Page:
Woman in yoga pose looks toward horizon

The holidays and The New Year have come and gone and with them so many celebrations and emotions. This past weekend I celebrated my youngest son, Gino’s, 1st birthday. He was born Christmas Day and while it should have been such a happy event, it was ironically bittersweet. It was the first event that my Nonna would miss due from here on out.

I have hosted Christmas Day at my home since my eldest child, Dante, was born. Today is that day. My husband, Brandon, and I are shocked awake when Dante runs into my room, “Mommy, let’s go see if Santa ate the cookies and milk we left out for him.” We run into Gino’s room and pick him up on the way to the kitchen. The cookies and milk are gone, MAGIC! Then we run into the living room and witness Dante’s eyes light up in response to all the toys. He looks back at us in disbelief. Brandon and I smile. Dante opens all his presents and plays while I put the finishing touches on all the dishes I started two days prior, finish all the sides and appetizers, and swiftly clean the house in preparation for my family. My excitement builds.

Soon, the entire family arrives, including Nonna. Frankie and Marisa pick her up from the nursing home and bring her to the house. My dear Nonna comes in and we all say “Hi”, looking at her so very closely, almost like a mom looking at her child to detect the signs of an oncoming illness. We all hope this will be a good day with Nonna . . . but then it begins. My uncle informs us the nursing home didn’t have her ready. My aunt adds that the nursing home didn’t give her the correct medications. So now we have thoughts, concerns and actions that need to be taken care of. But we move on since it is Christmas. My impulse is always to act immediately. Today, I hope it can wait.

We sit down and eat. I had pureed food so Nonna can enjoy exactly what we are eating. She spits a lot now which I have learned is from her dementia. It’s tempting to correct her, to tell her to stop. I have learned that it doesn’t matter what I say anymore. The disease has taken over and it is slowly taking my Nonna away. We put Italian folk songs on and dance and sing in my grandfather’s memory as we do every time we get together. My mom and I run over to my grandmother grabbing her hands and waving them back and forth – a silly dance with her. She smiles and our hearts warm up. I begin to clean up. As it grows dark outside we prepare Nonna to leave. It strikes me that I may as well be dressing my toddler.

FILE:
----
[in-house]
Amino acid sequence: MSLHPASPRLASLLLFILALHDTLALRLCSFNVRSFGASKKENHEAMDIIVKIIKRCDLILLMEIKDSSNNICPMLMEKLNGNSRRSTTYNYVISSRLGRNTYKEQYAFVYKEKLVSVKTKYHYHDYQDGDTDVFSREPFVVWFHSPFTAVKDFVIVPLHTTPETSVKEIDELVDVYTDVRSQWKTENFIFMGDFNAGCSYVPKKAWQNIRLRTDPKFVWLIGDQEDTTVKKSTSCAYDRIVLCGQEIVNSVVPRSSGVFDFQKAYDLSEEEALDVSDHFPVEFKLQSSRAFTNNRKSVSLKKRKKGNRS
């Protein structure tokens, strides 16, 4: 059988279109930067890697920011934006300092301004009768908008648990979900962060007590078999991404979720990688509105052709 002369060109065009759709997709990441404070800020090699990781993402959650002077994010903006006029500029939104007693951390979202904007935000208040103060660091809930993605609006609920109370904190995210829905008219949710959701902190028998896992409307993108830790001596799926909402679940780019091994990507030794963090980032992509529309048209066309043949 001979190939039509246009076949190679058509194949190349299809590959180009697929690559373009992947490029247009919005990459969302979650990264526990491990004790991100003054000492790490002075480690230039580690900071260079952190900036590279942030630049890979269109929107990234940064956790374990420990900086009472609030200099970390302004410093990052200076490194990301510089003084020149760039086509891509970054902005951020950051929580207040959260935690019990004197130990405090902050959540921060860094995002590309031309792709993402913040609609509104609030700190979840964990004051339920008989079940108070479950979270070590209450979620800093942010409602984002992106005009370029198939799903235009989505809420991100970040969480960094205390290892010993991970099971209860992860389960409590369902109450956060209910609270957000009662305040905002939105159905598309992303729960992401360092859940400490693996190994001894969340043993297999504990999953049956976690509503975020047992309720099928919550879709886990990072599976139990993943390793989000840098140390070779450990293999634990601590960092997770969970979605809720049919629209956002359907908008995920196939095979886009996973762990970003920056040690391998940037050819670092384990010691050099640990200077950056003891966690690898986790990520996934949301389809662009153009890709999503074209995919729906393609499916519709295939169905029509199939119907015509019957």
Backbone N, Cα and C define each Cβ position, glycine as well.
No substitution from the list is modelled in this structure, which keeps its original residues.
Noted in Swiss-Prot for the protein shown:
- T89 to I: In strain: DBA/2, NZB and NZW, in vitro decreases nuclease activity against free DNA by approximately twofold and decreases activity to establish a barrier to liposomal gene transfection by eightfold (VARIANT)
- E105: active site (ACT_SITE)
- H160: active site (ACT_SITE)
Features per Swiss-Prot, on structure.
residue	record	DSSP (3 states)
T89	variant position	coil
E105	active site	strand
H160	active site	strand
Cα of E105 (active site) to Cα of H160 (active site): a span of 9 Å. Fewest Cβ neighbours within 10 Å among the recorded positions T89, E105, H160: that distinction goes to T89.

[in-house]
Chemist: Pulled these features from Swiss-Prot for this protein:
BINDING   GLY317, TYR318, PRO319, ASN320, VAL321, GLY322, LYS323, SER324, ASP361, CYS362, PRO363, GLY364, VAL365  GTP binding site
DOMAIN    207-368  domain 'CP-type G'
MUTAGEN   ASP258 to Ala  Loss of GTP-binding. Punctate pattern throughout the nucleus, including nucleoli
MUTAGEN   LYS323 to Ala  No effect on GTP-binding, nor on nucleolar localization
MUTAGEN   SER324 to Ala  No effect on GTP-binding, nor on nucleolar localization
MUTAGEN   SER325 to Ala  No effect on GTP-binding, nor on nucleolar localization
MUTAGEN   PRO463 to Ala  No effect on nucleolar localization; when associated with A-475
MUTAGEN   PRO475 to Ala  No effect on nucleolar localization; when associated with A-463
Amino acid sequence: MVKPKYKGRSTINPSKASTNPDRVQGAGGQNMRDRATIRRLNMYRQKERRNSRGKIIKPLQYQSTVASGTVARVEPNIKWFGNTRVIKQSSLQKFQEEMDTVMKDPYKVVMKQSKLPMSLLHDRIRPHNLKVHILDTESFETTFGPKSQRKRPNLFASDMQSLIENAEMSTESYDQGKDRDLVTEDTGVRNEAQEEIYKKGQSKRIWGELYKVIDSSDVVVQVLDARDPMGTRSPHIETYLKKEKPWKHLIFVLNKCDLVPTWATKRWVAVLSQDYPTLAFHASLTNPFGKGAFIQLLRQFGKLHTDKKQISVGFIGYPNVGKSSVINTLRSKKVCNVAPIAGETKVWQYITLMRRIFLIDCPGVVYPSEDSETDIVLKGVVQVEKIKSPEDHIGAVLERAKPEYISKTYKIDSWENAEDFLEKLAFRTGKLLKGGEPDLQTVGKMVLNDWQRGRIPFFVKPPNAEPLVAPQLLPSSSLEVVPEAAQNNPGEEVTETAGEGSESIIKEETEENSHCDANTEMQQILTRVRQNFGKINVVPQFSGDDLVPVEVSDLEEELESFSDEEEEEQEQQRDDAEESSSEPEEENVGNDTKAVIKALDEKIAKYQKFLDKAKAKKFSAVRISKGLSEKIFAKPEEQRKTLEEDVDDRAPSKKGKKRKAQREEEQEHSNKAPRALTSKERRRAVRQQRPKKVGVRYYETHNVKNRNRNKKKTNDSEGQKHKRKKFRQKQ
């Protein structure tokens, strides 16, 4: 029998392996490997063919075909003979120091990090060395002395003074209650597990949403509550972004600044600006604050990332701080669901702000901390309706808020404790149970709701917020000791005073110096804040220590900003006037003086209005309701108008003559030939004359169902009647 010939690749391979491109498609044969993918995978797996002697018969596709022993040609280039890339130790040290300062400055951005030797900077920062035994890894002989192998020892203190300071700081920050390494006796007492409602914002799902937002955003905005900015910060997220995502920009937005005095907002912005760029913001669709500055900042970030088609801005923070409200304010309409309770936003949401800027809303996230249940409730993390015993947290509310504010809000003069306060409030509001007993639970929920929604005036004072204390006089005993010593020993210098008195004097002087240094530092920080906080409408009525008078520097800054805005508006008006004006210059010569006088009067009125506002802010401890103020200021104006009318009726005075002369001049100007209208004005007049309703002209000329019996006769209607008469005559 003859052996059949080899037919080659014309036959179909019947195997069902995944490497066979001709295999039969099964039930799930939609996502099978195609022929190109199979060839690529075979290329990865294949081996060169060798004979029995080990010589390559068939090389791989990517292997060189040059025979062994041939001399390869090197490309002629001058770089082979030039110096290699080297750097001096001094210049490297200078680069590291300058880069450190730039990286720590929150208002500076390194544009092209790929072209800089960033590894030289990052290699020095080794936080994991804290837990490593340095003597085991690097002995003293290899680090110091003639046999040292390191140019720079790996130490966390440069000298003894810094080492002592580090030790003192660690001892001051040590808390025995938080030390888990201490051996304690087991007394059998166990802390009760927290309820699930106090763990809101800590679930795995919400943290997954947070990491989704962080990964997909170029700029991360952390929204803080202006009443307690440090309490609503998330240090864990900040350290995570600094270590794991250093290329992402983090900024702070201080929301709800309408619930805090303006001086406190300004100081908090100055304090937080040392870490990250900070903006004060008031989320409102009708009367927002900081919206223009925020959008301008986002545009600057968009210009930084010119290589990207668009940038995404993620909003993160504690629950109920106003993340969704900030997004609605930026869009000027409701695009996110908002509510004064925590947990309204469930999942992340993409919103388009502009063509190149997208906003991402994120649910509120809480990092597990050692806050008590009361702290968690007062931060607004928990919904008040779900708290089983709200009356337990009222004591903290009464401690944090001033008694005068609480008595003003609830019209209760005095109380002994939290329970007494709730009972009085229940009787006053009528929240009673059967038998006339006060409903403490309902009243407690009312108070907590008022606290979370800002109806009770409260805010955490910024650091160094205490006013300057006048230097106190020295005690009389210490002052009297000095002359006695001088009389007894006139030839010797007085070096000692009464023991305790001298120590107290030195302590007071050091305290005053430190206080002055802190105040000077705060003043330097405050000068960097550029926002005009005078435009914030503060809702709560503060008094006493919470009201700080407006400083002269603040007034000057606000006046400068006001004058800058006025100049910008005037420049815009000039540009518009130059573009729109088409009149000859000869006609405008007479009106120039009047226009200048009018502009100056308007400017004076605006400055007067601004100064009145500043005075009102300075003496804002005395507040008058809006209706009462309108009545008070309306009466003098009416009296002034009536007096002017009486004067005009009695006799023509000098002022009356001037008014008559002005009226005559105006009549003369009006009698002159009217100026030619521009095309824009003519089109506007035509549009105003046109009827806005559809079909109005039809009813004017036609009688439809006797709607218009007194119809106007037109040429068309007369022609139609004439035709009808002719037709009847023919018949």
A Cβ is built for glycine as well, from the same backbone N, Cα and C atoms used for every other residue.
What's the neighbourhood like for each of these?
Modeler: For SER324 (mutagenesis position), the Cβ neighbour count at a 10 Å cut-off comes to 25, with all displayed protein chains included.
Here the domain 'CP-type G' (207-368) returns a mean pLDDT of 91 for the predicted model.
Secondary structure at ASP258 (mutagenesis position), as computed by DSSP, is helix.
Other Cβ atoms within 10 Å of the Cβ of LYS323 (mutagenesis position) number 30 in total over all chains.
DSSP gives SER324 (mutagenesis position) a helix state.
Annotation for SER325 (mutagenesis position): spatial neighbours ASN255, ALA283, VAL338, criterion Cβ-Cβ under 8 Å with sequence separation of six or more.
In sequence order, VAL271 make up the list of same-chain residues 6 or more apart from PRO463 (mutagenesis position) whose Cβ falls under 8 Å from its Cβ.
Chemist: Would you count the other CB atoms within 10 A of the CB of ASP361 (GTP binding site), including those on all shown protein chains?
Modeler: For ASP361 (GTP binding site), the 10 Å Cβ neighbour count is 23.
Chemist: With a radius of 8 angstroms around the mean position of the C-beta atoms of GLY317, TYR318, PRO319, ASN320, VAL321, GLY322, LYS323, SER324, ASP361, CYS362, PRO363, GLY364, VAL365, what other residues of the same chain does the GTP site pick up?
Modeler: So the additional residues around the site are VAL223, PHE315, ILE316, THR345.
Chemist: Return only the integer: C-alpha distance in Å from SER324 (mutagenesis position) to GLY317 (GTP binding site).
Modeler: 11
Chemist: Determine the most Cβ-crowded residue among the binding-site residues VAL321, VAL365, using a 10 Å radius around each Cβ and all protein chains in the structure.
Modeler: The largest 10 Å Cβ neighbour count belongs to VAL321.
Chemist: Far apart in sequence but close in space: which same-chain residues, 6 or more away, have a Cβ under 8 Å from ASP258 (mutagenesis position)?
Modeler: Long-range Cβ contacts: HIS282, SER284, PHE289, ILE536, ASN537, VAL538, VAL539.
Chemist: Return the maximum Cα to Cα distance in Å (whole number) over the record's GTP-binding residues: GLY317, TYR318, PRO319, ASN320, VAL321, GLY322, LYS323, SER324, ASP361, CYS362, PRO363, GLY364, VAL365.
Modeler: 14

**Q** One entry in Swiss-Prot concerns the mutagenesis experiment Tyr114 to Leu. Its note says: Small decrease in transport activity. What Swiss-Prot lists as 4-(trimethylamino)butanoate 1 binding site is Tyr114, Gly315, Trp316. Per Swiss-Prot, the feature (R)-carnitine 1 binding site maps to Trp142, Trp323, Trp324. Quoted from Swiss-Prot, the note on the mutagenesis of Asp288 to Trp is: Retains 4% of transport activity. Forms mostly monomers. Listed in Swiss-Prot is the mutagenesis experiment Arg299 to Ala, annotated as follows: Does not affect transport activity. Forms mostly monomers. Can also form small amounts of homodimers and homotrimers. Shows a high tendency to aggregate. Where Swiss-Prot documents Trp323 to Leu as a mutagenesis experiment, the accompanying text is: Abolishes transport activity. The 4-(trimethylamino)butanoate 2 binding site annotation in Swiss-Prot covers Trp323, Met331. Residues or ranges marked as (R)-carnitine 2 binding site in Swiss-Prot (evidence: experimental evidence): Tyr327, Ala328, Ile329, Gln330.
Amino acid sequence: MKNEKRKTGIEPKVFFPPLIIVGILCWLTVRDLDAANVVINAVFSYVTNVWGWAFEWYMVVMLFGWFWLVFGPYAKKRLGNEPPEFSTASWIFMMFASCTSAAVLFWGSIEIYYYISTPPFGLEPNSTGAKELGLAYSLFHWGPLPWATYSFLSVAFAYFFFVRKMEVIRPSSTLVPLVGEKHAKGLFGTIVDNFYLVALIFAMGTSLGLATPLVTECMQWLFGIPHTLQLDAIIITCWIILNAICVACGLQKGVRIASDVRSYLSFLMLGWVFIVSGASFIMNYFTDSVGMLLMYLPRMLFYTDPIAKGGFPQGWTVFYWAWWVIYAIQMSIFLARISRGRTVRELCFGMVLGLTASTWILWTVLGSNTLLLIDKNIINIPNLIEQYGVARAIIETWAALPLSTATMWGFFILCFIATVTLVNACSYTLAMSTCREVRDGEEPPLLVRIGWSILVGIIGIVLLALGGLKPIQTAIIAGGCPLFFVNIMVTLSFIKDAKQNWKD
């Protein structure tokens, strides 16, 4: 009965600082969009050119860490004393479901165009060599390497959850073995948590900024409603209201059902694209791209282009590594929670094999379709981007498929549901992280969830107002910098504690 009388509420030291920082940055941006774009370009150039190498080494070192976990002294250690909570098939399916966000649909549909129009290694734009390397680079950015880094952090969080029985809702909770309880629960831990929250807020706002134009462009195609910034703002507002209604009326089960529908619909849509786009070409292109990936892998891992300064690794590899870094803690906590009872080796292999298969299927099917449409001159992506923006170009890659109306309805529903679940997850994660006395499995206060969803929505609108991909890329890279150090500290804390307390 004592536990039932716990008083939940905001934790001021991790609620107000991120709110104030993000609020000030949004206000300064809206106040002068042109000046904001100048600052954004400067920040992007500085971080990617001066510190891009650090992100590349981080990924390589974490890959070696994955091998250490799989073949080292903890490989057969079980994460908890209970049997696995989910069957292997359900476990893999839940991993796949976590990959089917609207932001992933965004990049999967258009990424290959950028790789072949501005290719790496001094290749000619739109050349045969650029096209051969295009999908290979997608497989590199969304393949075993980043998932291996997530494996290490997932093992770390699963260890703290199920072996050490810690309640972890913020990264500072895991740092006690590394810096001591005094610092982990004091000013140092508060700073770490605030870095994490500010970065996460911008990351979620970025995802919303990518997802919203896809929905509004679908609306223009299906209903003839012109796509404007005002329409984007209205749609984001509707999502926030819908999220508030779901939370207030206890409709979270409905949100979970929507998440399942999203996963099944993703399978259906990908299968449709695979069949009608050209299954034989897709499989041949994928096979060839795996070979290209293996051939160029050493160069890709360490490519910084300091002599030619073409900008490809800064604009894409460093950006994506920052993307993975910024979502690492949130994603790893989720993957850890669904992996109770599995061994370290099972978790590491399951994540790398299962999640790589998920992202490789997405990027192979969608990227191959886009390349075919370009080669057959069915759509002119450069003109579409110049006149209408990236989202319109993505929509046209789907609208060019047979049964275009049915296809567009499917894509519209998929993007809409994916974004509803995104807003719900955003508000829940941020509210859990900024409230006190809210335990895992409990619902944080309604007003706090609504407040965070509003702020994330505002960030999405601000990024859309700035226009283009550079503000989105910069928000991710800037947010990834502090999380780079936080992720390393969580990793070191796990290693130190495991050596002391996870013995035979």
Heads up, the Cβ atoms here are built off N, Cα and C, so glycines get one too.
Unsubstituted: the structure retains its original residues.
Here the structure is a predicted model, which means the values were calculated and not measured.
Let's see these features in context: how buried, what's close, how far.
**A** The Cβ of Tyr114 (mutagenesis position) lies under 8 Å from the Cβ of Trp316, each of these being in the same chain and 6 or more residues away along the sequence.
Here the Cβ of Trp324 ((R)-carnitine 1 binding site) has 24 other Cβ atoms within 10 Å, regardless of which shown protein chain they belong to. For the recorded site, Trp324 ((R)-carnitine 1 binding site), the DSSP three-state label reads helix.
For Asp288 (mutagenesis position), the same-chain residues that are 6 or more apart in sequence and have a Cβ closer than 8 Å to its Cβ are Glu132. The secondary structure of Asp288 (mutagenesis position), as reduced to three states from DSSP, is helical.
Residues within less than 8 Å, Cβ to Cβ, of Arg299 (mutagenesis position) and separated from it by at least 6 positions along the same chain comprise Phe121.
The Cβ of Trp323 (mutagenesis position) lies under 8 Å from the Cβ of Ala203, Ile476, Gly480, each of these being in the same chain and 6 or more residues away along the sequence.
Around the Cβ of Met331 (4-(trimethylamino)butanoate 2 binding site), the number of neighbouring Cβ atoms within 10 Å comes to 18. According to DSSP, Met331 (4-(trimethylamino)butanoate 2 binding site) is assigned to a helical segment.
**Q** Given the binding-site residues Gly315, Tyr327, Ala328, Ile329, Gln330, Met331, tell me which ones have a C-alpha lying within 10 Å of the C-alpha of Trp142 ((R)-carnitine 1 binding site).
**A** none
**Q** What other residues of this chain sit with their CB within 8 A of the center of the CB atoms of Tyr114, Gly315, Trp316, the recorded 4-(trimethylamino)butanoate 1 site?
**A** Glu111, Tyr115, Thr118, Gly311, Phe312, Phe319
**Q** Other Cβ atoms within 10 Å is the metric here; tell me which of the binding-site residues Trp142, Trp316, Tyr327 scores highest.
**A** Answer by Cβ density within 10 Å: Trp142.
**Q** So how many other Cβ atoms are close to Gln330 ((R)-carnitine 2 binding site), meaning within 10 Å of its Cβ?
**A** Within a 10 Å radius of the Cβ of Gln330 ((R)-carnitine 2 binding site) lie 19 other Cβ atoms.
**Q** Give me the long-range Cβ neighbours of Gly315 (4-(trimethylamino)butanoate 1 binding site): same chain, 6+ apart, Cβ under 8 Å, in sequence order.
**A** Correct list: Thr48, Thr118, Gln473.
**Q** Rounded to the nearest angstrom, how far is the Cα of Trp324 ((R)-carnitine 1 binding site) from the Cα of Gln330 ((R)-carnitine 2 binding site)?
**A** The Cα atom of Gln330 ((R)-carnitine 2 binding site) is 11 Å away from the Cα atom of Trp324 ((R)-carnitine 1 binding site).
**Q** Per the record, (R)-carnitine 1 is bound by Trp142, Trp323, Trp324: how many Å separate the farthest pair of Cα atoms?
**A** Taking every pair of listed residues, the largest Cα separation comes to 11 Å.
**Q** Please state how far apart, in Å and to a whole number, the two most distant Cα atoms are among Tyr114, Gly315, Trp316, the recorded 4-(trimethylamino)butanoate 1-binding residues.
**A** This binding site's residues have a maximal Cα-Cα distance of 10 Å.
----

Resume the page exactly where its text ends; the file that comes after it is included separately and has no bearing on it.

As my mother and I walk her to the front few steps I feel Nonna’s weight bearing down on my arm. I yell to Frankie to grab a chair, “She’s gonna fall!” Just in time we get her to sit on the chair half in and half out of the front doorway. I kneel down, look into my grandmother’s eyes and realize she’s getting that glazed look. I tell my family she’s losing her color. My mother cries. My grandmother begins convulsing. I sit there and hold her knowing that this will pass after she vomits. This time, she spares me this indignity. We get her inside and on the wheelchair and affix the ramp to the front stairway my mother had bought years ago thinking this time would never come. With effort, we help my Nonna into the car and Frankie drives her back to the nursing home. Once again, we now have a lot to do: We will call the nursing home so they can call a neurologist first thing tomorrow morning, question the nurses about the severity of her convulsions when we are not there, and call her other doctors to ask why this is happening. Does she have a UTI? Has something else changed? Is this an indication that her dementia is worsening?

In the meantime, we do our research as a family and find that with dementia sometimes too much activity and glimpses of memories can trigger episodes such as these. But, soon I will host the next family event, Gino’s 1st birthday. I so very much want my Nonna there to celebrate with us. We are devastated but agree as a family that we can no longer take her out of the nursing home to attend events just so we feel better about the situation. Family events have become torture for her. Now we realize that we have entered yet another chapter in this terrifying part of life.